— Bernie Sanders (@SenSanders) December 5, 2017
On Tuesday, The Intercept asked a bipartisan group of senators on Capital Hill about the Trump administration’s plan. Most either supported the move or did not directly respond to the question. Sen. Ben Cardin, the ranking Democrat on the Senate Foreign Relations committee, defended the Trump administration. “Well you know, it is true — the capital of Israel is Jerusalem,” he said. When asked about diplomats’ warnings that recognizing it as such may set off violence, he advised, “You’ve got to handle it the right way.” Alabama Republican Sen. Richard Shelby also offered his support for the White House. When asked about concerns about ensuing violence, Shelby replied, “Can’t be much more violence than what’s already there.”
Texas Republican Sen. Ted Cruz also backed the move.. “Recognizing Jerusalem as Israel’s capital is long overdue,” he said, dismissing concerns about predictions of potential violence. “History has shown that radical Islamic terrorists need no provocation,” he said. Ohio Democratic Sen. Sherrod Brown took a wait-and-see approach. “Let’s see what happens when he announces it,” he told us in a terse response.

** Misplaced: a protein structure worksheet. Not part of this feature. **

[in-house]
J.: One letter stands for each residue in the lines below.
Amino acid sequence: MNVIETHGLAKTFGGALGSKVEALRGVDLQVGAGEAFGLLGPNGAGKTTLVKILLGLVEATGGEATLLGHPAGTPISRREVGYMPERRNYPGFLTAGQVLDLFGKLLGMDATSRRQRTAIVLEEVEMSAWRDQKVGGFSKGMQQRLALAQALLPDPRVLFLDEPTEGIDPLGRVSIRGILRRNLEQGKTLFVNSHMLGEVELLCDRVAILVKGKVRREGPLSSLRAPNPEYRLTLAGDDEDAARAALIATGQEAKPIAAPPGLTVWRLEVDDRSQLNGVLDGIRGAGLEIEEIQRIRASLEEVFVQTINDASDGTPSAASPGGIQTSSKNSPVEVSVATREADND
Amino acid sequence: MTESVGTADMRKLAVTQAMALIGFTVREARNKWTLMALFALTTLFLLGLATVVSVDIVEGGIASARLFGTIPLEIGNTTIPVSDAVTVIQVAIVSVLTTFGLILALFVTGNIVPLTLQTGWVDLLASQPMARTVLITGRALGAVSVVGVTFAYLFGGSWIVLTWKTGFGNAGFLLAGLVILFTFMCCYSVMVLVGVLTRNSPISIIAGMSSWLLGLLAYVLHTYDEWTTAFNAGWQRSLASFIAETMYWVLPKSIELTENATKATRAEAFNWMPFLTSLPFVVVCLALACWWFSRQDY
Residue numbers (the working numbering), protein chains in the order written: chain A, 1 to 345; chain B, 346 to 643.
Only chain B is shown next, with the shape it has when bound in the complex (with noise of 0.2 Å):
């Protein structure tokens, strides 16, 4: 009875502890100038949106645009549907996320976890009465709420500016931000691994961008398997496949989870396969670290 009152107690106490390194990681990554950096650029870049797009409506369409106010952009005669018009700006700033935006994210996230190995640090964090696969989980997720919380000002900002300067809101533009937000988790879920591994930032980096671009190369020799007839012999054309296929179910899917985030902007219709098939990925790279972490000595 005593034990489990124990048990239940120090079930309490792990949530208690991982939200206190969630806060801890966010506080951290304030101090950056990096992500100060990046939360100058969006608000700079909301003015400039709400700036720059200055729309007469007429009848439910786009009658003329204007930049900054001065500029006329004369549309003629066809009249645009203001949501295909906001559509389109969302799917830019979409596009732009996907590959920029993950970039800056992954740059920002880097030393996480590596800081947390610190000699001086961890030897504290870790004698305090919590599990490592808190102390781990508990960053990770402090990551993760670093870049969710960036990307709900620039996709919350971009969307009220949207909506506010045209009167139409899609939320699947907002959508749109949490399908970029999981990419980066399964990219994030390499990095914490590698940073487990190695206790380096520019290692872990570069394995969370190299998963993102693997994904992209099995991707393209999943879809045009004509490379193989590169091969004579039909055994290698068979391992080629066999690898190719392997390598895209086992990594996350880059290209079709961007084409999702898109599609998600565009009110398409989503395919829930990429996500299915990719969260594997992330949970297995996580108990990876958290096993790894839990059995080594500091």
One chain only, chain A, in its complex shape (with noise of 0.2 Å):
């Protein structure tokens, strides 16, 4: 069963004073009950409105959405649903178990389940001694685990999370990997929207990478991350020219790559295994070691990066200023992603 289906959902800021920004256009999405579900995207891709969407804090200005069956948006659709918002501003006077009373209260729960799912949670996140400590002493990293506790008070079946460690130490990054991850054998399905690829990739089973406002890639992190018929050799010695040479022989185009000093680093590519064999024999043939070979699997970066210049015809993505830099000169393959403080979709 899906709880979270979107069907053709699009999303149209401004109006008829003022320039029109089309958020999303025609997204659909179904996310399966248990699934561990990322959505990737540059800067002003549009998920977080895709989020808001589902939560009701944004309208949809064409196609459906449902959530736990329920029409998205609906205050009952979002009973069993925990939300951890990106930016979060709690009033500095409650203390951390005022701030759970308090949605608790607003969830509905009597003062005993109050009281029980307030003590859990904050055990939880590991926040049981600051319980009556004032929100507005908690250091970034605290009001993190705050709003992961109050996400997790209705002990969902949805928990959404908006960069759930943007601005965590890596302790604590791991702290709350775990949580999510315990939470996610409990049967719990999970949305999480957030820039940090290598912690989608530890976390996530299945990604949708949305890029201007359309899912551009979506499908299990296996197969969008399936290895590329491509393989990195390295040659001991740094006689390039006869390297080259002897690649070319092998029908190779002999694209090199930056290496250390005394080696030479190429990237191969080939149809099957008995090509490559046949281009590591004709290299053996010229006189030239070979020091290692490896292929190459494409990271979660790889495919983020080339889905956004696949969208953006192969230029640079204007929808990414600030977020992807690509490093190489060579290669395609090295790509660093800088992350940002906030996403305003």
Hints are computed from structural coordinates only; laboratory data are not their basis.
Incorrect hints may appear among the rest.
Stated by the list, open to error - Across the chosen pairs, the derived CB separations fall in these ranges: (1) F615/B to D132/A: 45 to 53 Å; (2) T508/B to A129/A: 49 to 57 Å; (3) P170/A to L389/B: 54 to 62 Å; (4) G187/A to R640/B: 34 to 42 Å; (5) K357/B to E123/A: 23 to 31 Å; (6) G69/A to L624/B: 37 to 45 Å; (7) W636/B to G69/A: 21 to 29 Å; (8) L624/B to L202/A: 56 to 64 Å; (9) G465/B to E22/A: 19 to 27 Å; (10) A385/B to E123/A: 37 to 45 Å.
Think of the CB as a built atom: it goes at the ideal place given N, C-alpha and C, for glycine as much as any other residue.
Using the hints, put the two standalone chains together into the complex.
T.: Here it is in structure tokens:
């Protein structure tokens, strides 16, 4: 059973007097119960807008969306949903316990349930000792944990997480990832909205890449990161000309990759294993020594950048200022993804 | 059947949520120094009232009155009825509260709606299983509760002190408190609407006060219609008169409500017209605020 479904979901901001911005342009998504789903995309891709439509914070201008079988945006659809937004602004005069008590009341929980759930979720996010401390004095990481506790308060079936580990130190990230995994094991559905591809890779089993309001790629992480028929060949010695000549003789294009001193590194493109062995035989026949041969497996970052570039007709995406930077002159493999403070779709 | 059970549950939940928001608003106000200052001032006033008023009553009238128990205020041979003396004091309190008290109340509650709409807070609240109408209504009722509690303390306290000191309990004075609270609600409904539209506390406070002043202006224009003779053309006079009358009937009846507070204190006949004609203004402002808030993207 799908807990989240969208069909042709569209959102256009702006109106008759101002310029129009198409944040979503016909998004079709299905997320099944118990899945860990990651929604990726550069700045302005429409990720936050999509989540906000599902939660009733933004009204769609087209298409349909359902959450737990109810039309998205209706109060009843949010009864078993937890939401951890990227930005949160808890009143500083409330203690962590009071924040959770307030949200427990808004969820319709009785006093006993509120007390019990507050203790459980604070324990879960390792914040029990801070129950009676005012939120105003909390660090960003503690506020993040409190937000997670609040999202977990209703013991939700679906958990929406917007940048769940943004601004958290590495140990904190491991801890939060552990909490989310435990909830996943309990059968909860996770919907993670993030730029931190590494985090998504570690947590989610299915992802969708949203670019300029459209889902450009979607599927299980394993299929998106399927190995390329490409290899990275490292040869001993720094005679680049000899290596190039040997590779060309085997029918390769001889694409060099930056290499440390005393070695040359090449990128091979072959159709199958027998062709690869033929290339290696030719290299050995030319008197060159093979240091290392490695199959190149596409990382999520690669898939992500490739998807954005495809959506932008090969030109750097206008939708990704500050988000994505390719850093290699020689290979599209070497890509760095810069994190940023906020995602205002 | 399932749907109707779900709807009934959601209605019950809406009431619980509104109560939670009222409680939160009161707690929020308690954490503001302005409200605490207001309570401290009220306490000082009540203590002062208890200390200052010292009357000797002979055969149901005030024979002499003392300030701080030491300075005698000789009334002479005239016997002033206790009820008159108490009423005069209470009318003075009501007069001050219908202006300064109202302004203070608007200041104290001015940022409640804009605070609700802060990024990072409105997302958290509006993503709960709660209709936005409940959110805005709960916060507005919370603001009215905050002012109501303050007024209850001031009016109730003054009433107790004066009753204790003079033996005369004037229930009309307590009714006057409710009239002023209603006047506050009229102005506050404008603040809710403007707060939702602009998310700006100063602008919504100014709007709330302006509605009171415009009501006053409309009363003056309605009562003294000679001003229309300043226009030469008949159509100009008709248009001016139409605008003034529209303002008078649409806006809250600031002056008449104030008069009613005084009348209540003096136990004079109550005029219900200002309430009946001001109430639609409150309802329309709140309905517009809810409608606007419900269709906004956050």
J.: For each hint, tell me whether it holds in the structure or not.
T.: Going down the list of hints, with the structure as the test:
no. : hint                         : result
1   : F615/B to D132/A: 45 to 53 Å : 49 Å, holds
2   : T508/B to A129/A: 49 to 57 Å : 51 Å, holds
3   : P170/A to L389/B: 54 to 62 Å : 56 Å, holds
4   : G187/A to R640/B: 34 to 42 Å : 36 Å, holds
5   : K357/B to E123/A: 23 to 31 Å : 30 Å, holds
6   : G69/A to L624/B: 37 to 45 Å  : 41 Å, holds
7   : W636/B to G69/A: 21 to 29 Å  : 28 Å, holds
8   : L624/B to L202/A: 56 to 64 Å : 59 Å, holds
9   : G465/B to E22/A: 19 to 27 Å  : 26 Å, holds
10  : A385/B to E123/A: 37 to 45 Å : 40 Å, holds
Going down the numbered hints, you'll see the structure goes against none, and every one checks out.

The Republican-led House easily approved legislation Tuesday that would restrict financial aid that directly benefits the Palestinian Authority until it takes credible steps to end what lawmakers say is a practice of rewarding Palestinians who kill Americans and Israelis. The legislation, which passed by voice vote, reflects bipartisan outrage over what members of Congress have called a “pay to slay” program endorsed by the Palestinian Authority. ....